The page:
Example using the story Chrysanthemum by Kevin Henkes:
Chrysanthemum loves her name.
The other girls tease her. The other girls want to be named for a flower.
Chrysanthemum is excited about going to school.
Chrysanthemum hates school. Chrysanthemum loves her name again.

Chrysanthemum hates her name.
2. If they have not already done so, have students choose their story topics for writing (see Preparation, Step 1). Distribute a blank copy of the Beginning, Middle, End Graphic Organizer to each student. Have students fill out the chart based on the story topics they have chosen, to provide a basic framework for their stories. If time permits, have students draft their stories.

Session 2

Have students draft their stories, referring to the Beginning, Middle, End Graphic Organizer they filled out during the previous session. (This session can be omitted if students had sufficient time in Session 1 for this activity.)

Session 3

1. Briefly review with students the importance of a good first line to “hook” the reader into reading further.

2. Explain that ending lines are also important because they tie up loose ends and give the reader something to think about at the end of the story. Ask students whether they can think of any “stock” ending lines, and note how these lines perform the desired functions: And they lived happily ever after ties up loose ends; Tune in next time… gives the reader something to think about for the future.

3. Read and discuss the following ending lines from literature. Note: A brief synopsis is provided in brackets to give some context for the ending line.
  • My Great-Aunt Arizona by Gloria Houston (HarperCollins, 1992)
    [My Great-Aunt Arizona tells the story of a teacher who taught generations of children in the same one-room schoolhouse she herself had attended, and how her way of teaching inspired her students.]
    Last line: She goes with us in our minds.

    Ask students what this line makes them think (i.e., that the teacher is remembered in different ways by different people; that they will never forget her). Note that this ending ties up loose ends and provides an effective conclusion.

    Ask students how they would feel if the last line had been, And that’s the story about my Great-Aunt Arizona, and discuss why this is a less satisfying ending.

  • The Baby Sister by Tomie de Paola (Putnam, 1996)
    [Although he looks forward to having a baby sister, Tommy is unhappy staying with his Nana while his mother is in the hospital. All the trouble is forgotten once the baby arrives.]
    Last line: And Tommy was the happiest boy in the world.

    This ending concludes that the events at the end of the story made Tommy happy. Ask students if they think And they all lived happily ever after would have been a better ending. Discuss why this ending is best used only for fairy tales.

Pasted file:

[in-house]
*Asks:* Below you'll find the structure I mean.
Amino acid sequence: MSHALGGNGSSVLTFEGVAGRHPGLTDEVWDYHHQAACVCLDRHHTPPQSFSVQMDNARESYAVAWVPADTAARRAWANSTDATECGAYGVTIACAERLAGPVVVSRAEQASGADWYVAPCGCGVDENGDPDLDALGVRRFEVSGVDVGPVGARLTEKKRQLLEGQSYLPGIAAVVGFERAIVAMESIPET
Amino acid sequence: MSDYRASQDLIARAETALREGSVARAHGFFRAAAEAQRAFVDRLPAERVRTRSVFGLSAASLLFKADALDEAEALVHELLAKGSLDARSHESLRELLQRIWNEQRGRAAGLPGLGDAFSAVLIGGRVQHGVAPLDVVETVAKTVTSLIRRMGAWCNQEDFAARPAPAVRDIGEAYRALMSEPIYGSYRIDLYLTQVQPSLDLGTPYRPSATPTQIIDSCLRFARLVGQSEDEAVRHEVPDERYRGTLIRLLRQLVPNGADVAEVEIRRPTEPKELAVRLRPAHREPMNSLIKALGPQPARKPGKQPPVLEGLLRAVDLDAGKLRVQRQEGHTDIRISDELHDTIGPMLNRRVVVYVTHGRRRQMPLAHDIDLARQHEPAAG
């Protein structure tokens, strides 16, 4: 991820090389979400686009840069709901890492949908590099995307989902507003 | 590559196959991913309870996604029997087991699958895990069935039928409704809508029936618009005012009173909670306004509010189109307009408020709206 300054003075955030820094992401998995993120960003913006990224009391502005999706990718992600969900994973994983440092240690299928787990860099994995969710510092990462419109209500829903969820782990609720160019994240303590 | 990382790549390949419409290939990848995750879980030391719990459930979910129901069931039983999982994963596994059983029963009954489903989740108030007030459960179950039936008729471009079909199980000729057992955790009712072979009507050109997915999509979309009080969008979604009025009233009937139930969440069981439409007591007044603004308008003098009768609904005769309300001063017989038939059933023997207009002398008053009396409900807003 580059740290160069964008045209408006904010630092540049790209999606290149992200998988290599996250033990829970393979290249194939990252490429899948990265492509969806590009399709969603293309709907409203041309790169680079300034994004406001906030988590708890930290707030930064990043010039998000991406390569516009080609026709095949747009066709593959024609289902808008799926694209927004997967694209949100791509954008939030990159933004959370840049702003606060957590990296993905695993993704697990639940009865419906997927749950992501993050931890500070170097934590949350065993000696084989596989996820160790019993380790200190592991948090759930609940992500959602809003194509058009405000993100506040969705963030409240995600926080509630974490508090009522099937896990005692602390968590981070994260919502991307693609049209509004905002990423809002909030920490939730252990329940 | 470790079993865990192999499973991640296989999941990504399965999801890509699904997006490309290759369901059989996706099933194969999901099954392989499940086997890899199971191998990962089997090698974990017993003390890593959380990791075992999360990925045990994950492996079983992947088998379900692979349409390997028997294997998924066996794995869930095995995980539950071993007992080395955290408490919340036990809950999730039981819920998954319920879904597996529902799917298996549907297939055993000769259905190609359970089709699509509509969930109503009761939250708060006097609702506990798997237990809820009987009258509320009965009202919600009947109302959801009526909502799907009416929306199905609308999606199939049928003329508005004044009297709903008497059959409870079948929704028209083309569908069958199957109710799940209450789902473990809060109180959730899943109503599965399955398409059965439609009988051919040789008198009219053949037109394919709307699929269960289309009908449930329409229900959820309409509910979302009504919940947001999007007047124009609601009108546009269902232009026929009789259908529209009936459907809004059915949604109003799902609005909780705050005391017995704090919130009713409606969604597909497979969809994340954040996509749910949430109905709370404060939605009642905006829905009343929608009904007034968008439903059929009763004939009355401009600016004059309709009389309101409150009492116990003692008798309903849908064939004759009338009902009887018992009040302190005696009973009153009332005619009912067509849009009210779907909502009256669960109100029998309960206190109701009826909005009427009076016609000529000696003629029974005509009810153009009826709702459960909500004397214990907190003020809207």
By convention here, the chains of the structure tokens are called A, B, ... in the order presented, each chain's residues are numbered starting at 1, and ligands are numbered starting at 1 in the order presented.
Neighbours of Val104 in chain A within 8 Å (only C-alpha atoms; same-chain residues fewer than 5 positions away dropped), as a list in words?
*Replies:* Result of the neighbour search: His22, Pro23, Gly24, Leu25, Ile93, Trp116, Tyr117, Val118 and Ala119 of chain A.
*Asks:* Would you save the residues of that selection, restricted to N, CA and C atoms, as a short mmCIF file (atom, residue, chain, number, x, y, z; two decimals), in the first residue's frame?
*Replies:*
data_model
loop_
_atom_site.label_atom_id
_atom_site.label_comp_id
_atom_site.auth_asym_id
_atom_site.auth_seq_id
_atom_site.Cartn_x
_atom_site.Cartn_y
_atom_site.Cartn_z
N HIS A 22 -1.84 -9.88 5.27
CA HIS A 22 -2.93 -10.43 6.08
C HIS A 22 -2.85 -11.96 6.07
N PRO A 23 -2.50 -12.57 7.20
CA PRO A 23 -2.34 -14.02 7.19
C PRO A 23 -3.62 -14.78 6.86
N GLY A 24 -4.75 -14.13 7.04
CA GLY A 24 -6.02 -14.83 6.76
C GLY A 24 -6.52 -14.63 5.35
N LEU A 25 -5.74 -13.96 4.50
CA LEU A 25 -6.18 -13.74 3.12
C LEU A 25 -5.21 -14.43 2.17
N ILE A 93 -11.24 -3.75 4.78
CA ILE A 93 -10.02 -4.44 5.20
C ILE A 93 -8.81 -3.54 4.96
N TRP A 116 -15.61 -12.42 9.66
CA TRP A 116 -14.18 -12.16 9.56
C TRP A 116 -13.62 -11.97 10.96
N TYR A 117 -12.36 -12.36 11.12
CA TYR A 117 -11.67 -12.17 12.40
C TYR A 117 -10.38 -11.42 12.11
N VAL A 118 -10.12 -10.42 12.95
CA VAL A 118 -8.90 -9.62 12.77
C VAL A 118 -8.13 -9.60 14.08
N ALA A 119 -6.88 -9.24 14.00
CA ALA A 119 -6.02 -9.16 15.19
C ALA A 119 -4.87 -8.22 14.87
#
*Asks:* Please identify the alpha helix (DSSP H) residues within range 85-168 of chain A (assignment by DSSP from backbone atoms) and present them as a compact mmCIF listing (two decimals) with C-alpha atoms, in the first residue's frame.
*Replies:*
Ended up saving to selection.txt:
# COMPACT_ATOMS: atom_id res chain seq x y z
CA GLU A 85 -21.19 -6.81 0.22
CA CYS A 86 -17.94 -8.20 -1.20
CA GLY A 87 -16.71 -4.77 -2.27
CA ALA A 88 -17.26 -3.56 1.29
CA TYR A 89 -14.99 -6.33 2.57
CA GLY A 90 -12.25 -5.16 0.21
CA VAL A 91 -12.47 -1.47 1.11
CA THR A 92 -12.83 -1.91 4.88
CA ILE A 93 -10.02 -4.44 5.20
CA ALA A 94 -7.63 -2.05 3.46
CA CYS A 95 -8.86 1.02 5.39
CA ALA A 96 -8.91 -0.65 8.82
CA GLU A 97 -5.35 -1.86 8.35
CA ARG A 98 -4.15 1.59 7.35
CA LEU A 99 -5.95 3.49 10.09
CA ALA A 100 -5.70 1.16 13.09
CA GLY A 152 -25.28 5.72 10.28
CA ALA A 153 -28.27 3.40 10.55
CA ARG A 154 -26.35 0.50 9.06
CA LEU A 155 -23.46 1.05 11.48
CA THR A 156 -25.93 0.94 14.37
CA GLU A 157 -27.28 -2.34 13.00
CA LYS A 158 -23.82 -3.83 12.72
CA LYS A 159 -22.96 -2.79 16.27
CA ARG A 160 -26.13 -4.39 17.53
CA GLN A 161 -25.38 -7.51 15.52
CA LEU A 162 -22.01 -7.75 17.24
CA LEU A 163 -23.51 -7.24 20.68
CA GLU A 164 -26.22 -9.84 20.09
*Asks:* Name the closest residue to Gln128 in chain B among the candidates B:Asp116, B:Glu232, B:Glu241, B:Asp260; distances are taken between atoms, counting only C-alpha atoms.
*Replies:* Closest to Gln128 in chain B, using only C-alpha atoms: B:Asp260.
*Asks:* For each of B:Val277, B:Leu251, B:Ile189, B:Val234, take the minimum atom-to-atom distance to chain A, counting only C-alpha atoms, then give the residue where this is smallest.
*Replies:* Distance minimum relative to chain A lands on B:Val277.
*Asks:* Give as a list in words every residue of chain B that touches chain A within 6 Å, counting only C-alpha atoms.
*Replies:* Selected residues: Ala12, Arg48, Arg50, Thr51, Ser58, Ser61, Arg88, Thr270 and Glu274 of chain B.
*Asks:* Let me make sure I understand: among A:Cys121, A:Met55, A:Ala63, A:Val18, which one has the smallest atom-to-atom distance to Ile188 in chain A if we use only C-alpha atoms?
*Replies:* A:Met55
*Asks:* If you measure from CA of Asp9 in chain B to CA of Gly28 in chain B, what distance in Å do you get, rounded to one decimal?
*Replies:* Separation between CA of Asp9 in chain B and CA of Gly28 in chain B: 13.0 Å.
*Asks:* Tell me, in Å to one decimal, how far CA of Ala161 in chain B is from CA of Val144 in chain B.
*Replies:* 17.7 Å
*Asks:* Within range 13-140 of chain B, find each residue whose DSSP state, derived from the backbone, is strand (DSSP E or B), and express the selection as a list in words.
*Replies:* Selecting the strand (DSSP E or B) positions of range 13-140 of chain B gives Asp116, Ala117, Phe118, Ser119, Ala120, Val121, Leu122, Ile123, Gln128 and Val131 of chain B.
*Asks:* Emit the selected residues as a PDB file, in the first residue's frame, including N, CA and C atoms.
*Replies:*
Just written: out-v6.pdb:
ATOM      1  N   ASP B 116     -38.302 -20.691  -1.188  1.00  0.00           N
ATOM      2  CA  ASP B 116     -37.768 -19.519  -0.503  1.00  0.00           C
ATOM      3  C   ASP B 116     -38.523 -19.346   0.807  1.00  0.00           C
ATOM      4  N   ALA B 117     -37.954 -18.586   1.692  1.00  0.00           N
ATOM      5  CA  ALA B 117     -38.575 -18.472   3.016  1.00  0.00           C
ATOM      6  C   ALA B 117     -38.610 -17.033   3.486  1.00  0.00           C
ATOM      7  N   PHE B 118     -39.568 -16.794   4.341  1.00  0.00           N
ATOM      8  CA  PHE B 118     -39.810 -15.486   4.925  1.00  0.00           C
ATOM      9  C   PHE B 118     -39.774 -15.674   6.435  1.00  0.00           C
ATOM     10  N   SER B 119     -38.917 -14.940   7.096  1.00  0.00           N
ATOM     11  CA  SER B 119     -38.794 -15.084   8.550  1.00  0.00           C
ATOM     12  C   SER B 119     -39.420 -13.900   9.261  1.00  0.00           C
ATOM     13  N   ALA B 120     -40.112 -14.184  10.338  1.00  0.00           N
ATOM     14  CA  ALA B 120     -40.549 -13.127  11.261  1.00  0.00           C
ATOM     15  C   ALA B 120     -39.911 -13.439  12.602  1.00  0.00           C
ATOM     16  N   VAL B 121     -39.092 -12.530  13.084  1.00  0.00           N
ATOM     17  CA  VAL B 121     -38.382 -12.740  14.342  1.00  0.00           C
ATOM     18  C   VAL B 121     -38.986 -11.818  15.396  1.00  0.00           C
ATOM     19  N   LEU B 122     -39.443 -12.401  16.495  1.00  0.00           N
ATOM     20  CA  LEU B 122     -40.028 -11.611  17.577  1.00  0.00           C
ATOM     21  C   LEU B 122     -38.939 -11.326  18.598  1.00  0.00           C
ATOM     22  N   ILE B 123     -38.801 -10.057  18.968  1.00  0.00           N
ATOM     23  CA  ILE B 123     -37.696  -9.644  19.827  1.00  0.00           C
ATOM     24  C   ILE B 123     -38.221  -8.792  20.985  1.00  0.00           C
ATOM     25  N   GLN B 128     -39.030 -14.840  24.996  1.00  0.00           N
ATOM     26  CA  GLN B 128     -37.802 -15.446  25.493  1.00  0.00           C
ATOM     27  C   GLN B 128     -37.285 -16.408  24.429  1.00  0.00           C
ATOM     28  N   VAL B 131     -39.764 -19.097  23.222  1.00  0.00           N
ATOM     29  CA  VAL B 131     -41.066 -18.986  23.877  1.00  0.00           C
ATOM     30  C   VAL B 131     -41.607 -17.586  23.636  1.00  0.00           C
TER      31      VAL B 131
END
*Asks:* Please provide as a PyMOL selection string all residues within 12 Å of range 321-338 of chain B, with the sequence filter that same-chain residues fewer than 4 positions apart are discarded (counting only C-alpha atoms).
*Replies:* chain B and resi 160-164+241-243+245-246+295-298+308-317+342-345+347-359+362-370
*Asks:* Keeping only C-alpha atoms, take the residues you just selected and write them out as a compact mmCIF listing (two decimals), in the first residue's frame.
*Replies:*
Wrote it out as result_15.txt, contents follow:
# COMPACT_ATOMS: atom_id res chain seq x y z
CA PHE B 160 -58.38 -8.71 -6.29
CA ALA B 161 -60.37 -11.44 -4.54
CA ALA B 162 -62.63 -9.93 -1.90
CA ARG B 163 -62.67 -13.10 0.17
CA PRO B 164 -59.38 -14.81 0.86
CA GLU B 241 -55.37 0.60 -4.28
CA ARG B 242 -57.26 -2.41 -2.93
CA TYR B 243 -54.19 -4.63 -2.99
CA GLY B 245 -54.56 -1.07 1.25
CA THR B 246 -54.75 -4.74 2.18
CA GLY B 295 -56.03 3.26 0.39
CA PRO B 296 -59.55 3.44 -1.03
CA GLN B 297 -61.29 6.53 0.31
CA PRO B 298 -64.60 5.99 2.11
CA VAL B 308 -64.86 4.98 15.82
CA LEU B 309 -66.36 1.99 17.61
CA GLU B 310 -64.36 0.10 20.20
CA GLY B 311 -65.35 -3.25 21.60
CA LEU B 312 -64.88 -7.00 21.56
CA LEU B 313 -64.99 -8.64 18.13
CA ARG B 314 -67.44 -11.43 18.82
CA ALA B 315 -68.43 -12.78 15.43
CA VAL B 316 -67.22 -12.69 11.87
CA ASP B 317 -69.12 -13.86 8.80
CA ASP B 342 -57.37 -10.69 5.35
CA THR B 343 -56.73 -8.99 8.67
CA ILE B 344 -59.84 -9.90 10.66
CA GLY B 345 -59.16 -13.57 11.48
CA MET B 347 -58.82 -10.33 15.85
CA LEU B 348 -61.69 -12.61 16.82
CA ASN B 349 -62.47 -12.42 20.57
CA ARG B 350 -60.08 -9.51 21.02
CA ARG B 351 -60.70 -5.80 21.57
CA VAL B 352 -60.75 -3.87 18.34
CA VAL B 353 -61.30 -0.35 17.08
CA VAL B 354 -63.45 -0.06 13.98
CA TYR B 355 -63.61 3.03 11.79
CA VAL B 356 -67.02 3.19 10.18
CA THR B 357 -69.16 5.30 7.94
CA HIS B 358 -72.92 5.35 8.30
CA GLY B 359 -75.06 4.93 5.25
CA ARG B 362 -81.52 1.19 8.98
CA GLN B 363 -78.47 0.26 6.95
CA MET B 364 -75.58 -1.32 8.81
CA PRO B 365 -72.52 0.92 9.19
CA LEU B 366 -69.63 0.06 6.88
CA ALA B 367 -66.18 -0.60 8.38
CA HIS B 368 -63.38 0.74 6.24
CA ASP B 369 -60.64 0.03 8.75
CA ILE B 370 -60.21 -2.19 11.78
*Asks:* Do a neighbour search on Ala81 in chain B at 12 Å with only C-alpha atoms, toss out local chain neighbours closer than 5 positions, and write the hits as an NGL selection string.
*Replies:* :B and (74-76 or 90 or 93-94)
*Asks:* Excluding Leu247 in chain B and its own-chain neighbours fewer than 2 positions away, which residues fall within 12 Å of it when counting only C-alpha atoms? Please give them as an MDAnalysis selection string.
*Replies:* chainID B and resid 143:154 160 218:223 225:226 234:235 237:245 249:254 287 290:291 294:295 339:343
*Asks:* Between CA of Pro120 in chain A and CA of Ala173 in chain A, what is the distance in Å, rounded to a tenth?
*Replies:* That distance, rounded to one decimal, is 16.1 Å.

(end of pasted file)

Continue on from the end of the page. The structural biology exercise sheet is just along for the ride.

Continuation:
4. Using the Ending Lines Bibliography, continue reading and discussing ending lines as a group, if needed, and then in pairs or small groups (can be either table groups or assigned by teacher).

5. Have students work on their own stories, paying particular attention to effective beginning and ending lines and revising if necessary.

Session 4

1. Read a book with a connected first and last line such as A Bad Case of Stripes by David Shannon.

2. Reread the first line: Camilla Cream loved lima beans. Ask students if they remember any of the words in the last line.

3. Reread the last line: She ate all the lima beans she wanted, and she never had even a touch of stripes again. Ask students what is the same about both lines (lima beans; she loved them so she ate all she wanted).

4. Explain that writers often repeat words, names, or phrases to connect the beginning and ending of a story. They also sometimes replicate sentence structure, include a rhyme, or ask a question at the beginning and answer it at the end.

5. Read the following beginning and ending lines and discuss the techniques used by the authors. Again, you need not read the entire book, just the beginning and ending lines. Note: Other books available in your classroom or library may be substituted for the selections listed below.
  • Read the first line from The Christmas Miracle of Jonathan Toomey by Susan Wojciechowski (Candlewick Press, 1995): The village children called him Mr. Gloomy.

    Then read the last line: No one ever called him Mr. Gloomy again.

    Ask students what is the same about the lines (Mr. Gloomy). Ask them what the ending makes them wonder about (i.e., What happened in the story to change what people thought about him? Why wasn’t he gloomy anymore?). Point out the techniques used by the author: repetition of words; gives the reader something to think/wonder about.